Work like you exercise…in intervals

Interval training has been shown to benefit your workout. Do concentration intervals help your production work? Photo by ZAGGORA via Flickr.

Interval training has been shown to benefit your workout. Do concentration intervals help your production work? Photo by ZAGGORA via Flickr.

Recent exercise studies have found evidence that interval training — repeating the same exercise short in intervals of 30 and 60 seconds at much higher speeds, with same 30 to 60 seconds of rest between each one — can have the same, or greater, health benefits as extended periods of lower intensity work.

(One Smart magazine editor I know — and myself — swear by a recent workout published on the New York Times Well blog.)

After reading a blog post, also from the New York Times, about applying the same theory to mental work, I realized this idea was something I’ve always done.

My day at work generally looks something like this: Get in at 9 a.m. Write/research for shorter periods of intense concentration. Break. Repeat until 6 p.m.

The idea of letting your brain chill for 5 or 10 minutes of every hour is an idea that’s been around for a while.

But the new angle here is that not only will you benefit from the break, but so will your work.

By focusing fully on the task at hand — no Facebook, no email, no cellphone — you will get more done and the work will be of a better quality. Plus, you’ll probably get it done faster.

On the other hand, just like running intervals is demanding, so too will be the focus necessary in work intervals. You have to be willing to experience frequent, short-term discomfort.

Humans instinctively avoid pain of any kind, which is probably why we feel the pull to check Twitter in the middle of writing summaries of the latest financial earnings from a local business. Oh, is that just me?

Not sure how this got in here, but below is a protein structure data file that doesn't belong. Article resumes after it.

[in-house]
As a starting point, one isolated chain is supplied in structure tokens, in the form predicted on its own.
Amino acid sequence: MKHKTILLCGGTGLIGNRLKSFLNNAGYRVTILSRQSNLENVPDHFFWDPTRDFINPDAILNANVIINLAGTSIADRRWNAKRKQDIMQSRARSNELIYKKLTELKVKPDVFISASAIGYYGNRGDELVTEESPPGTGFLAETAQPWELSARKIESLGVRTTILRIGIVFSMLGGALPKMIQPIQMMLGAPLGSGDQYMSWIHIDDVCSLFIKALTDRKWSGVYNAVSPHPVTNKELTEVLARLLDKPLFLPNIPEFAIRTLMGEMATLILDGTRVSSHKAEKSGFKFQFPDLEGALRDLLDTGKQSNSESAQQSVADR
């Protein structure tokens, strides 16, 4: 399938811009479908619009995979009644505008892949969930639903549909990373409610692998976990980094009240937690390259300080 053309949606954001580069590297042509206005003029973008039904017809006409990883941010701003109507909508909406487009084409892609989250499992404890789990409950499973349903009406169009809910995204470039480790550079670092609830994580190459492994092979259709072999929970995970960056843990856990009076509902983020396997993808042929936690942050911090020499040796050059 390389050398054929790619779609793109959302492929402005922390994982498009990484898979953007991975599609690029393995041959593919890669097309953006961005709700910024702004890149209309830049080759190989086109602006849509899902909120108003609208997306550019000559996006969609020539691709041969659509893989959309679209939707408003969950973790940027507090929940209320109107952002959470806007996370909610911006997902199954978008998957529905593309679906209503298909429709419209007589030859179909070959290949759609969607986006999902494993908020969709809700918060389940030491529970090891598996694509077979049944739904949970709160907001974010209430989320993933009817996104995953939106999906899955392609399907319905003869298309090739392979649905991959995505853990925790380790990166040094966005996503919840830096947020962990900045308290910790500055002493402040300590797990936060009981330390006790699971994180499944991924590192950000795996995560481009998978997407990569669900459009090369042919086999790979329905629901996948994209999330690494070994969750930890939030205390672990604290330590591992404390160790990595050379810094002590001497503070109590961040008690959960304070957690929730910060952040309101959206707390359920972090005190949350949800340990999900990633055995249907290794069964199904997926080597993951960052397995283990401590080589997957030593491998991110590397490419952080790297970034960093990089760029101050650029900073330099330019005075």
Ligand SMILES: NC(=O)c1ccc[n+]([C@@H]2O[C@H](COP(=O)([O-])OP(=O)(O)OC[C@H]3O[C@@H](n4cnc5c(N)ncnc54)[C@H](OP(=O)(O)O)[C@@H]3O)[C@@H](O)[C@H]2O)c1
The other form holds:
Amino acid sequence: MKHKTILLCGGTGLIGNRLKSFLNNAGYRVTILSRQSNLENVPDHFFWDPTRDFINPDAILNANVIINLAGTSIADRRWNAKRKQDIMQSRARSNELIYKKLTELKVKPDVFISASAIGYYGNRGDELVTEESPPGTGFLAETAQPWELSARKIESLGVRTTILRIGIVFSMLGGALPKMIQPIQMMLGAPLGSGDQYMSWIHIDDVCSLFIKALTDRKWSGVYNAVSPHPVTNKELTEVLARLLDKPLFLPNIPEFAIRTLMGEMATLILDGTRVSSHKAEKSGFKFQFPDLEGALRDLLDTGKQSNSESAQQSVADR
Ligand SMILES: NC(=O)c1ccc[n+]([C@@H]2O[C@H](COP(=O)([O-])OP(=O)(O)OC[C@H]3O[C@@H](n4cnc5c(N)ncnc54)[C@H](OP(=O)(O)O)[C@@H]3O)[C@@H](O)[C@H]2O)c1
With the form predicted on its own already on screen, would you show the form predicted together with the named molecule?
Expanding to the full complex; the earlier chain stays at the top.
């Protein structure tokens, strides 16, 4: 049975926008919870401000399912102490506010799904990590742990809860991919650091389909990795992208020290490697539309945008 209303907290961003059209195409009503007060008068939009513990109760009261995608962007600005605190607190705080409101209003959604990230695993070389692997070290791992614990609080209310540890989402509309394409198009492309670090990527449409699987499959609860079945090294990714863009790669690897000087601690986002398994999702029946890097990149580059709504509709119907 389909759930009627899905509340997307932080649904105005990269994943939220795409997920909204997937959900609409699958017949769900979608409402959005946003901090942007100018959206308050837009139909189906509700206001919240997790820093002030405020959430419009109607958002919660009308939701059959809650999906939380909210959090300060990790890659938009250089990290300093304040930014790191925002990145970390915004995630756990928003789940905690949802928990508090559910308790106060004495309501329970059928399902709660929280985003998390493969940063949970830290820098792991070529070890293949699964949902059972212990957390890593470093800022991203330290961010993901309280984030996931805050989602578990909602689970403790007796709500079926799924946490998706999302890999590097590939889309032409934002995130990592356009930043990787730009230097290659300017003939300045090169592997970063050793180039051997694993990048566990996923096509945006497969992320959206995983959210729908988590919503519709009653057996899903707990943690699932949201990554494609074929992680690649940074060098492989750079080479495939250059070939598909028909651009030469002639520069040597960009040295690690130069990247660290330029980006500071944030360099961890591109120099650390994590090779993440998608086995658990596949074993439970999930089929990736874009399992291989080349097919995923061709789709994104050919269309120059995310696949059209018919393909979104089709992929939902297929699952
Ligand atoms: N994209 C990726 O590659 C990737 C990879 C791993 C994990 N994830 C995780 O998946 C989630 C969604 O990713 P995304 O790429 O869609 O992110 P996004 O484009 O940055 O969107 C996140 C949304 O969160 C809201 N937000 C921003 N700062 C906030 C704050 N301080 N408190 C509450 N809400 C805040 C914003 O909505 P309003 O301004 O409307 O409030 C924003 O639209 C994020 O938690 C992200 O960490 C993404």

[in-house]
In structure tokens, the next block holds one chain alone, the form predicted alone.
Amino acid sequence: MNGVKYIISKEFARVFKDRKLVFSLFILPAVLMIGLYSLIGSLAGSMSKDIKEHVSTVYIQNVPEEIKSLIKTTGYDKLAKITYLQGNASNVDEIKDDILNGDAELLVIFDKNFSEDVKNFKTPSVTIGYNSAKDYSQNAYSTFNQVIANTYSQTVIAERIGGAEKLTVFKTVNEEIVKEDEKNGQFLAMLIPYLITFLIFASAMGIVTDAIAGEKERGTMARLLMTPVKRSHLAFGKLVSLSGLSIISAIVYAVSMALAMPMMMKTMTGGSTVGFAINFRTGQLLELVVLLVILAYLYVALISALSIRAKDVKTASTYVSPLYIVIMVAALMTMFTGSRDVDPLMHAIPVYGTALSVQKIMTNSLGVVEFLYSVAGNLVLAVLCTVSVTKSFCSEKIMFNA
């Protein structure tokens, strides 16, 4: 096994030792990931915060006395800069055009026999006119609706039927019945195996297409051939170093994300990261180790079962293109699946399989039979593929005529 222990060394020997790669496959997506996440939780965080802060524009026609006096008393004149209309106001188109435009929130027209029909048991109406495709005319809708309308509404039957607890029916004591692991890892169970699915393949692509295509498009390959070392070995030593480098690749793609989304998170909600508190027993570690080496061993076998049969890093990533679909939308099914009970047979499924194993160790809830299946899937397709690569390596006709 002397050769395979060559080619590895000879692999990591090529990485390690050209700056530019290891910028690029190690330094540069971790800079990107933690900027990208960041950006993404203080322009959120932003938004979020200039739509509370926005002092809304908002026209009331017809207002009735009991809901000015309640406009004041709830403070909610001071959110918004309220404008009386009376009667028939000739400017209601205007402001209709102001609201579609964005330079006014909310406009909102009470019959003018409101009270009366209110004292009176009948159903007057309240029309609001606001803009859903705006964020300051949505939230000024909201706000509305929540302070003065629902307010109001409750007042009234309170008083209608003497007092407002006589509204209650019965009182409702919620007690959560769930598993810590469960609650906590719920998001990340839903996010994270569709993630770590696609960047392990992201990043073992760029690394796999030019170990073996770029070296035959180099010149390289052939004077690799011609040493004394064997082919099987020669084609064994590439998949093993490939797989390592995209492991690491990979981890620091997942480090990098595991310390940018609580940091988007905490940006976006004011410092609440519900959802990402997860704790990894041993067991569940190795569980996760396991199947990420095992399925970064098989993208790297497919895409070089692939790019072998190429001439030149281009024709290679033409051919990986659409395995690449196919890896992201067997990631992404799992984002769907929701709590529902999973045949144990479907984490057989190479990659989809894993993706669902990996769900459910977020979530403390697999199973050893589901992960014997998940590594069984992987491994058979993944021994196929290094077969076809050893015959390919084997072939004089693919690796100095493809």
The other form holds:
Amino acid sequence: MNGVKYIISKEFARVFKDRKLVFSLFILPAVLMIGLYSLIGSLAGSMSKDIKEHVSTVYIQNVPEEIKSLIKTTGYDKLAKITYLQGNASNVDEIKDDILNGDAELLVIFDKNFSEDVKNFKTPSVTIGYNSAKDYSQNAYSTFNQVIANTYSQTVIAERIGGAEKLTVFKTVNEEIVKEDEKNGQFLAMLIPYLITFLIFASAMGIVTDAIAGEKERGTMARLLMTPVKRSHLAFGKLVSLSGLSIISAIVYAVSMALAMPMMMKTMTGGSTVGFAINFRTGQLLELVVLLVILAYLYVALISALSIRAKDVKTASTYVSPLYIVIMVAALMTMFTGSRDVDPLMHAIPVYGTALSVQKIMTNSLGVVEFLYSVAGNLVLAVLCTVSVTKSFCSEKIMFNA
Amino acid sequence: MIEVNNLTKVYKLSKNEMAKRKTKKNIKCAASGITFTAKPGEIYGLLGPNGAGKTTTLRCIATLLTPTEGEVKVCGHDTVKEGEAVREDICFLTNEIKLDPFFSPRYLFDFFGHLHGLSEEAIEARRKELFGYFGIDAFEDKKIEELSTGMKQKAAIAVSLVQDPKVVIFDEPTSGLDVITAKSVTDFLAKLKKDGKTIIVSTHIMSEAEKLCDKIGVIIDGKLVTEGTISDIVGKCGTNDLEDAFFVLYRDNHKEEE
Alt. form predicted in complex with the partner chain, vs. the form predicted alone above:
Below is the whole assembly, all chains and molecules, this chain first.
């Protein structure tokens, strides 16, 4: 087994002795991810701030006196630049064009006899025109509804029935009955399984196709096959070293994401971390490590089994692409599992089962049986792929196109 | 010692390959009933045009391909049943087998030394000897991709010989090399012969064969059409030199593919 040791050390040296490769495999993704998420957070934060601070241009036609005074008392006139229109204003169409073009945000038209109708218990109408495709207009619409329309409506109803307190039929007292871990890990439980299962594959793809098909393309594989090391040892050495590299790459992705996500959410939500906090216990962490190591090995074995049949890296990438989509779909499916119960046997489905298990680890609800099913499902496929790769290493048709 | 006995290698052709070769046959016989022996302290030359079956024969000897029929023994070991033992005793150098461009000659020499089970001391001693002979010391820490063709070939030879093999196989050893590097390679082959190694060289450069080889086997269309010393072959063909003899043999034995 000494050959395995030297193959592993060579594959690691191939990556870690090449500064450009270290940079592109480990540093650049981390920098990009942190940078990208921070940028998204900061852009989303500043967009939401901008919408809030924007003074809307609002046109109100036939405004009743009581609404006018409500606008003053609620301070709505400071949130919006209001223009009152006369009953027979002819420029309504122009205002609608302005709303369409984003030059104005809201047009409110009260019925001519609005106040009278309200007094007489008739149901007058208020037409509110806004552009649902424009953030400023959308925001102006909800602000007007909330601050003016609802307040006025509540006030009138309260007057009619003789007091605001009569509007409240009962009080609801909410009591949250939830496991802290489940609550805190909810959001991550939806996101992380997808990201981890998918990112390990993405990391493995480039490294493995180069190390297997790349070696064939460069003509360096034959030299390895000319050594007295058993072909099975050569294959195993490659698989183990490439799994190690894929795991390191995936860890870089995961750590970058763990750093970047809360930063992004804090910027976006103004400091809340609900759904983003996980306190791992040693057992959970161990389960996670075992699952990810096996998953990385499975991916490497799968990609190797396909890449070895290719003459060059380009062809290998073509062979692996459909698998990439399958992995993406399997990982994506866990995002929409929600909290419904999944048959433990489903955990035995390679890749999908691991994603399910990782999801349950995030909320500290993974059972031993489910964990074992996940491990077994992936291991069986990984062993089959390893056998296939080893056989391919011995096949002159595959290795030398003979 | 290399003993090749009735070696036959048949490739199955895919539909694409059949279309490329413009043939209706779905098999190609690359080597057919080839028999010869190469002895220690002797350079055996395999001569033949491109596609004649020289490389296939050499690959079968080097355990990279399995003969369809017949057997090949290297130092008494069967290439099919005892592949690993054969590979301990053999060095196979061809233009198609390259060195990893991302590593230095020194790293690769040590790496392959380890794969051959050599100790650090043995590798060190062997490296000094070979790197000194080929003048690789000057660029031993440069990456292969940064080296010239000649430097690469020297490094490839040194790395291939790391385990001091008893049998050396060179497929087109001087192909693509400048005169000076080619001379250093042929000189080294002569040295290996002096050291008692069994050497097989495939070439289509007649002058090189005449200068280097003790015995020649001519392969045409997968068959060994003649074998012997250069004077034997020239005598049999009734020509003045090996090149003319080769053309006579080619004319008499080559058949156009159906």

Tony Schwartz from the New York Times suggests rituals and prioritizing to get through the intervals of the work day.

He argues — and I have to agree — that the ability to concentrate is strongest at the beginning of the day and weakens as you move closer to quittin’ time.

So he recommends working on the most important task as soon as you get in.

Every morning, I mentally run through my agenda. What needs to be filed today? What story needs more research before it’s ready? Are there any meetings scheduled?

Before I walk into the office, I have a plan. Like most jobs, my plan needs to be flexible. But just having one gives me a place to start.

How do you get through the work day? What strategies have worked to make you more productive and/or efficient?

This entry was posted in Jobs, Office life, On the job, Stephanie Reighart, Uncategorized and tagged , , . Bookmark the permalink.